Death, a Poem

THY gloomy walks, 0 Death! replete with fears,
With 'scutcheons hung, and wet with widows' tears,
The groans of anguish and of deep remorse,
The gloomy coffin and extended cor'se,
Be now my theme—Hence, all ye idle dreams,
Of flowery meadows and meand'ring streams,
Or war's arousing roar—since none are brave
Save those bold few who triumph o'er the grave.
O thou, first Being! Thou, almighty Power!
Who metes out life, a century or an hour;
At whose dread nod the spectre wields his dart,
Uprears his arm, and stabs the quivering heart,
Assist my feeble pen, (since I and all
Must soon before that grisly monarch fall)
To mark his frowns, but learn alone to dread
That awful stroke that tends to death indeed.

  When God descended first to form our earth,
And gave each plant and every creature birth,
When trees arose at his supreme command,
In order ranged, or scattered o'er the land;
Then the clear brook in murmuring measure flow'd,
The zephyr whispered and the cattle lowed;
The voice of music warbled through each grove,
From morn to morn, and every song was love.
The lamb and tiger wantoned o'er the green,
The stag and lion joined the mirthful scene;
The eagle thirsted not for streams of gore,
And the swift hawk had ne'er the warbler tore;
The meanest insect, starting from the ground,
At pleasure sallied to its mazy round,
Returned at night to its abode, a flower,
Nor felt nor feared a mightier creature's power:
For all was peace, and harmony, and love,
Through the deep ocean and the tuneful grove.
Such was the world, ere man its sovereign lord,
Or beauteous woman paradise explored;
Ah! hapless pair! too soon they broke the bounds,
They sinned—they fell—and felt sin's deadly wounds,
Then rushed to being Death, and frowning dread
Stalked o'er the world, and heapt his way with dead.
The herbage withered, in the sun and shade;
Trees shook their leaves, and drooping flowers decayed;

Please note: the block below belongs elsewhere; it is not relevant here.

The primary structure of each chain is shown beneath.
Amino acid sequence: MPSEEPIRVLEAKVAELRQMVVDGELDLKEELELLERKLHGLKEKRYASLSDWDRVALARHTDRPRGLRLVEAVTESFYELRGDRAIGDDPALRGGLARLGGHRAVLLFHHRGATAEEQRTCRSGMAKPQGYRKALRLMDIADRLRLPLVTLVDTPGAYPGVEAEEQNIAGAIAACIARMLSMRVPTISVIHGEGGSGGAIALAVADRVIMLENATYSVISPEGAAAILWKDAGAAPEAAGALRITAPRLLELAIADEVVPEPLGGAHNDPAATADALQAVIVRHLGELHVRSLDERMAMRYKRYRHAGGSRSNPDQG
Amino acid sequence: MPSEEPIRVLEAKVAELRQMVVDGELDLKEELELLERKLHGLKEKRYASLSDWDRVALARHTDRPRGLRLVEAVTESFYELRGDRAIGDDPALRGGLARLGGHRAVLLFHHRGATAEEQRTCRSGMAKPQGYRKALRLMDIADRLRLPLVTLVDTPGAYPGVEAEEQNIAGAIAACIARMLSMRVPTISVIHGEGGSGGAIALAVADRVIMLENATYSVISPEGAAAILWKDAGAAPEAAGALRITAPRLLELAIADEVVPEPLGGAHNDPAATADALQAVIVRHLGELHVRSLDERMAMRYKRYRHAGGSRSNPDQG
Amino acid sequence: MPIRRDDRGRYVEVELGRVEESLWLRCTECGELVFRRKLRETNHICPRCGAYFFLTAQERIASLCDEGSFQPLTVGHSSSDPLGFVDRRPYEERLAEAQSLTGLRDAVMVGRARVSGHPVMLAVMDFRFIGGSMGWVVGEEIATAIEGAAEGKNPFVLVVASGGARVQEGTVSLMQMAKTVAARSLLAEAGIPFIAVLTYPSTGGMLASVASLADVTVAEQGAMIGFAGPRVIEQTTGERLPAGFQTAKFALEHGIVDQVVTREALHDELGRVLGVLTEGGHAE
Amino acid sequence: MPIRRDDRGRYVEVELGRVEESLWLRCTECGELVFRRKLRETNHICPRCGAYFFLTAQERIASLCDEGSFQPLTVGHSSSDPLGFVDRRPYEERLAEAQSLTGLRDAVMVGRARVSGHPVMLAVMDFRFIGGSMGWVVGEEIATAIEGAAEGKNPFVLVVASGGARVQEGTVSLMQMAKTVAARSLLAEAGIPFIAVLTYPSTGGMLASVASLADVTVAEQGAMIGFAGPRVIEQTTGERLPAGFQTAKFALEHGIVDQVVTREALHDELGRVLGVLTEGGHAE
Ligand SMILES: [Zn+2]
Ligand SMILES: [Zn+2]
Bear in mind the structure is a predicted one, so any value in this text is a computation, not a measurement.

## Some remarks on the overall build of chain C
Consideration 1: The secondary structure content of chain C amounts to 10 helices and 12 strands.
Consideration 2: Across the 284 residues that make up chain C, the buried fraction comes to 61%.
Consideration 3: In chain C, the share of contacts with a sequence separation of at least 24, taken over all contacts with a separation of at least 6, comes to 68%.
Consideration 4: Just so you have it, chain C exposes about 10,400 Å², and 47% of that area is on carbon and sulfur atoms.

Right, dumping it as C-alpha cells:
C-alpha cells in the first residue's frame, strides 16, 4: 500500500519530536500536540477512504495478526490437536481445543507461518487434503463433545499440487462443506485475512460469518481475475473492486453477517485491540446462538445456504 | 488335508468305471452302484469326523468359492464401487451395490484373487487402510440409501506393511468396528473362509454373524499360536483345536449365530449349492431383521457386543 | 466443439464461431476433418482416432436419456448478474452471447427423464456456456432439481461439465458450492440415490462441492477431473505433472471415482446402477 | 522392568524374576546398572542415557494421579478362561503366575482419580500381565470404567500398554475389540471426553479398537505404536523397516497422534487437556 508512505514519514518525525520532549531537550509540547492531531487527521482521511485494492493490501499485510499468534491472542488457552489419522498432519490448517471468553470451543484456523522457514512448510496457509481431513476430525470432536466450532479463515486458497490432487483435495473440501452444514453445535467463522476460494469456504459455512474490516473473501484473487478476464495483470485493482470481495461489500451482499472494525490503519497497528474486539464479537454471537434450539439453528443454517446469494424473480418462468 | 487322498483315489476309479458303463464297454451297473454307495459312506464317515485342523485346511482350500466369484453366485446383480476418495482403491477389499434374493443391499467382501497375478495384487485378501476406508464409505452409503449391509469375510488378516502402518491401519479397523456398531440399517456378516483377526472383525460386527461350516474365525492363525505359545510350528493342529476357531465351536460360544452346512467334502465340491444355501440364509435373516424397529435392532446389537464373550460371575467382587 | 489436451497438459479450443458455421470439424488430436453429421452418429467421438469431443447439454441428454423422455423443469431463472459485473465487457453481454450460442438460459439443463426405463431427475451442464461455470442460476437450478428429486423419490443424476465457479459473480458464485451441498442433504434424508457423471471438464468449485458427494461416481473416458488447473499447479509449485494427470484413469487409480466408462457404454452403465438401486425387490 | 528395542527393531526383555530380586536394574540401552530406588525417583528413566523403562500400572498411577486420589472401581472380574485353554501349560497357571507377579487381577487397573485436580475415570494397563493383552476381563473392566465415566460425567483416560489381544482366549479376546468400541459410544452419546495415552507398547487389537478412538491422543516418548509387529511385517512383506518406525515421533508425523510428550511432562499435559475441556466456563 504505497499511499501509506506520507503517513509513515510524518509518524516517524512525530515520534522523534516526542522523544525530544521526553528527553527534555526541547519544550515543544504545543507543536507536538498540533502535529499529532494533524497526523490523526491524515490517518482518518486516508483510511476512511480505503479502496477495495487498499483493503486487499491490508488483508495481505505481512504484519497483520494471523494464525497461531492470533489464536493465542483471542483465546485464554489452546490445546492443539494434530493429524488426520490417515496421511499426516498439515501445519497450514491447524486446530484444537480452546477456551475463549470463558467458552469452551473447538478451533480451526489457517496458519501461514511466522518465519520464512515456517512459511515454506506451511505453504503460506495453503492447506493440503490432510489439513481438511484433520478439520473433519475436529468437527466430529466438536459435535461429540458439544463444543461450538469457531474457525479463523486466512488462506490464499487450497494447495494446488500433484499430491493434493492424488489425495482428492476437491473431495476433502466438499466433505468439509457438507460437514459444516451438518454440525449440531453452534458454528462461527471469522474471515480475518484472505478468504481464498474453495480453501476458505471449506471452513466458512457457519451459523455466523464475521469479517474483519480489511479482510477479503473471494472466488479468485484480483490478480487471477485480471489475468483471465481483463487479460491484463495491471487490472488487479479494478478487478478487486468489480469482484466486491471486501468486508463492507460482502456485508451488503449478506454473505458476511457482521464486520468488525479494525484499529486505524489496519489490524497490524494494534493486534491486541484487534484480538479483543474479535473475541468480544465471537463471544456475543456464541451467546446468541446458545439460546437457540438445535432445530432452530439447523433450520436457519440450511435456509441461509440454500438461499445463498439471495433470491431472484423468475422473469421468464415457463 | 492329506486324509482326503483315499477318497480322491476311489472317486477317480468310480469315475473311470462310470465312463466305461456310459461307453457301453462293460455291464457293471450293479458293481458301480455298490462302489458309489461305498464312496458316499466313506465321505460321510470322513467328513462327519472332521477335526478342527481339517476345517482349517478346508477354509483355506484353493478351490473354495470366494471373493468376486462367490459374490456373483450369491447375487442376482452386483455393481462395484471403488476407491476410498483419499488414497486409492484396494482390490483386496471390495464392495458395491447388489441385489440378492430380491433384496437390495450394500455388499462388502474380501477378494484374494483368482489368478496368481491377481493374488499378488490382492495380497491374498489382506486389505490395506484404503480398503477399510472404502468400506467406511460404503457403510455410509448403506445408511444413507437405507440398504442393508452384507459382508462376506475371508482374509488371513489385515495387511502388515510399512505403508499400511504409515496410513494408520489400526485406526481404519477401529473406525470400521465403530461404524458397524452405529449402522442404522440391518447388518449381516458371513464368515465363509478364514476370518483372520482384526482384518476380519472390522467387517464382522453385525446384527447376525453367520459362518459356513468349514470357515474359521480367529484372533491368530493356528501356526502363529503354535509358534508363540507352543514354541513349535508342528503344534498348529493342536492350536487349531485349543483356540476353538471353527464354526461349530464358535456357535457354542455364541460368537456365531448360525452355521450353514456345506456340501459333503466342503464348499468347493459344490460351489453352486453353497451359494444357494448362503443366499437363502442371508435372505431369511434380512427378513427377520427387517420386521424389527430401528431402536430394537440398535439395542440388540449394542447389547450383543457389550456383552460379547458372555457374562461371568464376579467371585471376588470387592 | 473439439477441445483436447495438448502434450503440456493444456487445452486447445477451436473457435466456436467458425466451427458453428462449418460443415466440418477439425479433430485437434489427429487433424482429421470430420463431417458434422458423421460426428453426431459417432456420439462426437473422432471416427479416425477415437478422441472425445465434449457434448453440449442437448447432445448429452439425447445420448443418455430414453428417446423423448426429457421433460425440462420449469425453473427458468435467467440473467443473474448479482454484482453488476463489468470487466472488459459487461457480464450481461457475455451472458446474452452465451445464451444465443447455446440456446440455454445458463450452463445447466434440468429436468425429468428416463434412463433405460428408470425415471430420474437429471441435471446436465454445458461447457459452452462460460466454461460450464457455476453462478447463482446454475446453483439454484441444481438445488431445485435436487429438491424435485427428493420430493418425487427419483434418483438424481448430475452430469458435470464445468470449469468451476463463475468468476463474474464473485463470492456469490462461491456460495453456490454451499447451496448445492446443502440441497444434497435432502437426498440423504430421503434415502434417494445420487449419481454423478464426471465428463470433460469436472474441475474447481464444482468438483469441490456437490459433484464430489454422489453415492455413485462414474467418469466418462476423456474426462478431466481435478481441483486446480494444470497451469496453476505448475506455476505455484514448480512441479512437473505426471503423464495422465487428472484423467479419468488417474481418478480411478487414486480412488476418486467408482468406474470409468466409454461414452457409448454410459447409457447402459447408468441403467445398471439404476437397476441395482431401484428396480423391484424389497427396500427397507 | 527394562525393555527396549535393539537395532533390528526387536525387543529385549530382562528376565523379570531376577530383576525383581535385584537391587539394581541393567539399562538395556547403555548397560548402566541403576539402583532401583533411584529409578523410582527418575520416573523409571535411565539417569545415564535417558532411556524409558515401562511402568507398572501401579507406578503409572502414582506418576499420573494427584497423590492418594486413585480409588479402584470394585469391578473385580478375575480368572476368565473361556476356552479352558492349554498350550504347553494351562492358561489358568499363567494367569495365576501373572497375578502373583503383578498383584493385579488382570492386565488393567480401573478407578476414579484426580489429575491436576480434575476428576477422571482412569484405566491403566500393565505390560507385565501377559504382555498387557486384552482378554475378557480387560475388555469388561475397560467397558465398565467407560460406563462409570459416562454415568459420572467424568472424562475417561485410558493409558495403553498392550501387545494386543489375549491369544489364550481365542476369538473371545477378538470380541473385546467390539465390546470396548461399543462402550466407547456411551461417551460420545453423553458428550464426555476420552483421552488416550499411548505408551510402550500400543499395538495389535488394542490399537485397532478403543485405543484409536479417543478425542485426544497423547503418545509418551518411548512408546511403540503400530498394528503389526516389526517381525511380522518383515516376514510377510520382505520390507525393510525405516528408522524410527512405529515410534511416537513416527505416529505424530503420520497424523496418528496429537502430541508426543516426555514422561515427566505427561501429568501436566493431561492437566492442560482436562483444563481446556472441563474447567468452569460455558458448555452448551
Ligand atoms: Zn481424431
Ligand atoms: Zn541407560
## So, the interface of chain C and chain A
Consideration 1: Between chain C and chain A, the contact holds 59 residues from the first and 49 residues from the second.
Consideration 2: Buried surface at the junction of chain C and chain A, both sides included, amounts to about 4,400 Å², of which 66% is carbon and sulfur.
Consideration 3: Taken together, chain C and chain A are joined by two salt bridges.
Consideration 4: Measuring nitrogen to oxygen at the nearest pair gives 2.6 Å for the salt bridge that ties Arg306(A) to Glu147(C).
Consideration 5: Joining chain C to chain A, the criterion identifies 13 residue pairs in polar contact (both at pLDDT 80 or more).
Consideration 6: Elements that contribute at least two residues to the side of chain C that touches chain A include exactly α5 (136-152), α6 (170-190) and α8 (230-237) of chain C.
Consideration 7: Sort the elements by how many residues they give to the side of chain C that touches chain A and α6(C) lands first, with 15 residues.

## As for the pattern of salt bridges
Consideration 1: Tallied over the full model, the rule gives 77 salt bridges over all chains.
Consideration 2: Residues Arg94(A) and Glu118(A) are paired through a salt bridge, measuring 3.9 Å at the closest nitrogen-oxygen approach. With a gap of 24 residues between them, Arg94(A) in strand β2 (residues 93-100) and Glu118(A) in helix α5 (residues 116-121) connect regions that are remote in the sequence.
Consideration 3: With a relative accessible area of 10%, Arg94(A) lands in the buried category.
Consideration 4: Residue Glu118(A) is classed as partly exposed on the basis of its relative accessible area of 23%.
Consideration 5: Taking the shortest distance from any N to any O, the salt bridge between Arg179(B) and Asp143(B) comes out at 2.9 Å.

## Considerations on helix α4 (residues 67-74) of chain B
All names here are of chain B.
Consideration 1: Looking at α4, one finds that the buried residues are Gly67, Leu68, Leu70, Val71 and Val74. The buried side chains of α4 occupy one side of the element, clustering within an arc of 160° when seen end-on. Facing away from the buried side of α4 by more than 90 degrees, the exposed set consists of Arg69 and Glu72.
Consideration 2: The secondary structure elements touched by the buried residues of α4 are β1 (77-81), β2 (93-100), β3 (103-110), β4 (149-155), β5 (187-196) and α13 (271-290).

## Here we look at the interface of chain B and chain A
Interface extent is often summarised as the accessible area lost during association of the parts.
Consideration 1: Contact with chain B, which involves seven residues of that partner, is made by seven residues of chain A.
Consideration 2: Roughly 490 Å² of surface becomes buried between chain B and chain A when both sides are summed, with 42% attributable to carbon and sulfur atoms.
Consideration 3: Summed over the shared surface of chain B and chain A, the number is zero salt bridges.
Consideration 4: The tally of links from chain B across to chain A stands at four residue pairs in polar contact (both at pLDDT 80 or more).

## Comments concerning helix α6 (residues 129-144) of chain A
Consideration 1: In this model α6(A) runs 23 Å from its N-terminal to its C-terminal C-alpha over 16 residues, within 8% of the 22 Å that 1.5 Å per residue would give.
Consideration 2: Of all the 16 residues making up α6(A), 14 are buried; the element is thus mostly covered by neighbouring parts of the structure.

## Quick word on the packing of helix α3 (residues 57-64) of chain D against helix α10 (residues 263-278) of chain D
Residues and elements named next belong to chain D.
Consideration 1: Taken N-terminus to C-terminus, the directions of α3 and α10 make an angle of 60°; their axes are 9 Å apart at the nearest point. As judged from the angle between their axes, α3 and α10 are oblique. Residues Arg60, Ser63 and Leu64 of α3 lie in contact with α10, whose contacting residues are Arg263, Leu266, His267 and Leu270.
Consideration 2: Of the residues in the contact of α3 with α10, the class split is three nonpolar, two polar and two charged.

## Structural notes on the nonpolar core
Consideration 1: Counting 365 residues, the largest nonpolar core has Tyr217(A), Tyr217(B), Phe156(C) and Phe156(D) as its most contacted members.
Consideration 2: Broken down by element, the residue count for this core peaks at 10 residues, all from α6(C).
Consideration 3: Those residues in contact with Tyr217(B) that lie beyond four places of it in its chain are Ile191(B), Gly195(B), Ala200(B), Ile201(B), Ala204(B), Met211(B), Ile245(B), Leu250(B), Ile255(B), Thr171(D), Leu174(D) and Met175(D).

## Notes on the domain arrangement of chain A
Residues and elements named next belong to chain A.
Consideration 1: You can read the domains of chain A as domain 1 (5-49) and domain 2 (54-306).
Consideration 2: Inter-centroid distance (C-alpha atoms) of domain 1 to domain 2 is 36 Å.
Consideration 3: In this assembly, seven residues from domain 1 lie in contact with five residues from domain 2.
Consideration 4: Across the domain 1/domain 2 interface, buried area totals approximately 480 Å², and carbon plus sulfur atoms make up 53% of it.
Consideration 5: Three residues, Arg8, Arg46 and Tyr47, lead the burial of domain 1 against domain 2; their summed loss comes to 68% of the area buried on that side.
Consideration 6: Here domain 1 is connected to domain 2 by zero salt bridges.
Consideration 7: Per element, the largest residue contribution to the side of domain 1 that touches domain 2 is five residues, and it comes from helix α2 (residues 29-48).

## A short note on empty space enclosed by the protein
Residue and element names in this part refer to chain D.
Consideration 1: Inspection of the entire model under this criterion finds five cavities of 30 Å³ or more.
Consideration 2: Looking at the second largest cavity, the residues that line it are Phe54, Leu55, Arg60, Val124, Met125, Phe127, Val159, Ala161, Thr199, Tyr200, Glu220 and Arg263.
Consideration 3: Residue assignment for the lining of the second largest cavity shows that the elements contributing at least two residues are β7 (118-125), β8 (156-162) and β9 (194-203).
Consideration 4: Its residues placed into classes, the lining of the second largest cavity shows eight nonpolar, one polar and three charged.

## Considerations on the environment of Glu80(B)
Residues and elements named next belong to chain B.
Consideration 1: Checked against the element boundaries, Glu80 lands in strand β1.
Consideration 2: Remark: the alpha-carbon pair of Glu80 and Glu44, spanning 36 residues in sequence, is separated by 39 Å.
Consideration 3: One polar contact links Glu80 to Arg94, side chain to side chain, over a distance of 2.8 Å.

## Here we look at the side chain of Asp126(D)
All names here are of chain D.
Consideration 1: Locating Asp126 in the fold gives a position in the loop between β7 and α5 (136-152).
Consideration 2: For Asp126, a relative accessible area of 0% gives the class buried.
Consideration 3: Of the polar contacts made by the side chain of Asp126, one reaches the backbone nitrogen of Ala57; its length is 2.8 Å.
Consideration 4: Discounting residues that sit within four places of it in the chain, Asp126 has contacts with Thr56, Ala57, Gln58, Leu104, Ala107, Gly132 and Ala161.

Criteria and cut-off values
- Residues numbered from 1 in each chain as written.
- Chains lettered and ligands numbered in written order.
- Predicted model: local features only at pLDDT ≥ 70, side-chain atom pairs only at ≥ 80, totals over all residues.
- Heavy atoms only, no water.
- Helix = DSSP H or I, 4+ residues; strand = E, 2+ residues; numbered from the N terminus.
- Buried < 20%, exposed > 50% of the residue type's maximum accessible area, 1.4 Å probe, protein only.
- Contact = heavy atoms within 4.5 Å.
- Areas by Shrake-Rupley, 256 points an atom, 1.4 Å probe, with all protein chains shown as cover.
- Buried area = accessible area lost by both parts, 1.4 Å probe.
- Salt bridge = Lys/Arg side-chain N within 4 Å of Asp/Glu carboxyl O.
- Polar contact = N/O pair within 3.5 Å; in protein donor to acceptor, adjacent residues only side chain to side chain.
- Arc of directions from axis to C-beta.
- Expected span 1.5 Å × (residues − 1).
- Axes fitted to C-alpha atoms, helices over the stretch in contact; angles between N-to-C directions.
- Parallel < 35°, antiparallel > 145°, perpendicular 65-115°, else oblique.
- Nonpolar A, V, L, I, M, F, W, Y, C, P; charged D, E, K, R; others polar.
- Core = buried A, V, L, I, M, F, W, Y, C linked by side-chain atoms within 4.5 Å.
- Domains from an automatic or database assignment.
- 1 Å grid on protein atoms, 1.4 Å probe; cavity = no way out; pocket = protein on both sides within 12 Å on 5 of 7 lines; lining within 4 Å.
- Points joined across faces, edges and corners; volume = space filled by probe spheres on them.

Each creature felt his power; and, while they pined,
Groaned out their last to the loud howling wind.
Yet still a following race did those succeed,
And hoar Time glutted Death with piles of dead.
Thus, for five thousand years, the world has rolled,
Rocks now are mouldering, even the heavens grow old,
And soon that day shall come when Time shall cease,
And usher in eternal pain or peace.
Yet how important is that awful day,
That lays us breathless, pale, extended clay,
When from our lips the ruddy glow shall fade,
When the pulse ceases to emit its tide;
When sadly pondering o'er our lifeless cor'se,
Our weeping friends regret Death's cruel force;
Then mounts the soul to God, and there receives
Its fixed doom, and shouts for joy, or grieves;
Through all eternity prolongs the strain
Of endless joy—or yells in endless pain.

  Death sometimes sends his cruel page, disease,
To rob our nights of rest, our days of ease;
Unwelcome guest: and yet he proves no foe,
He weans our passions from the trash below;
Each pang of anguish urges to prepare,
Ere death approach with stern relentless glare;
And, if unready, we are caught by Death,
He throws us howling to the gulph beneath.

  With sudden steps sometimes the foe appears,
And calls to judgment in our shuddering ears.
We start alarmed—survey our guilty past;
Bend down to pray, and, bending, breathe our last.
Then fled is fate, for as we fall we lie;
We sink in death, or sinking doubly die.
Should these sad scenes not rouse us to concern,
Our state to weigh, and danger to discern,
Ere that dread period, when we leave this shore,
And time and means are given us here no more.
Death's stare may startle even the purest saint,
And at the change his soul perhaps may faint;
But in that hour these cheering words he hears,
And this sweet promise flows upon his ears,
"I am thy friend, on me thy burden lay,
And through death's vale I'll gently pave thy way."
Thrice welcome words! rejoiced, he spurns this earth,
Where nought but sorrow reigns, and foolish mirth;
To life saints usher, when on earth they die,
And when they leave us join the song on high.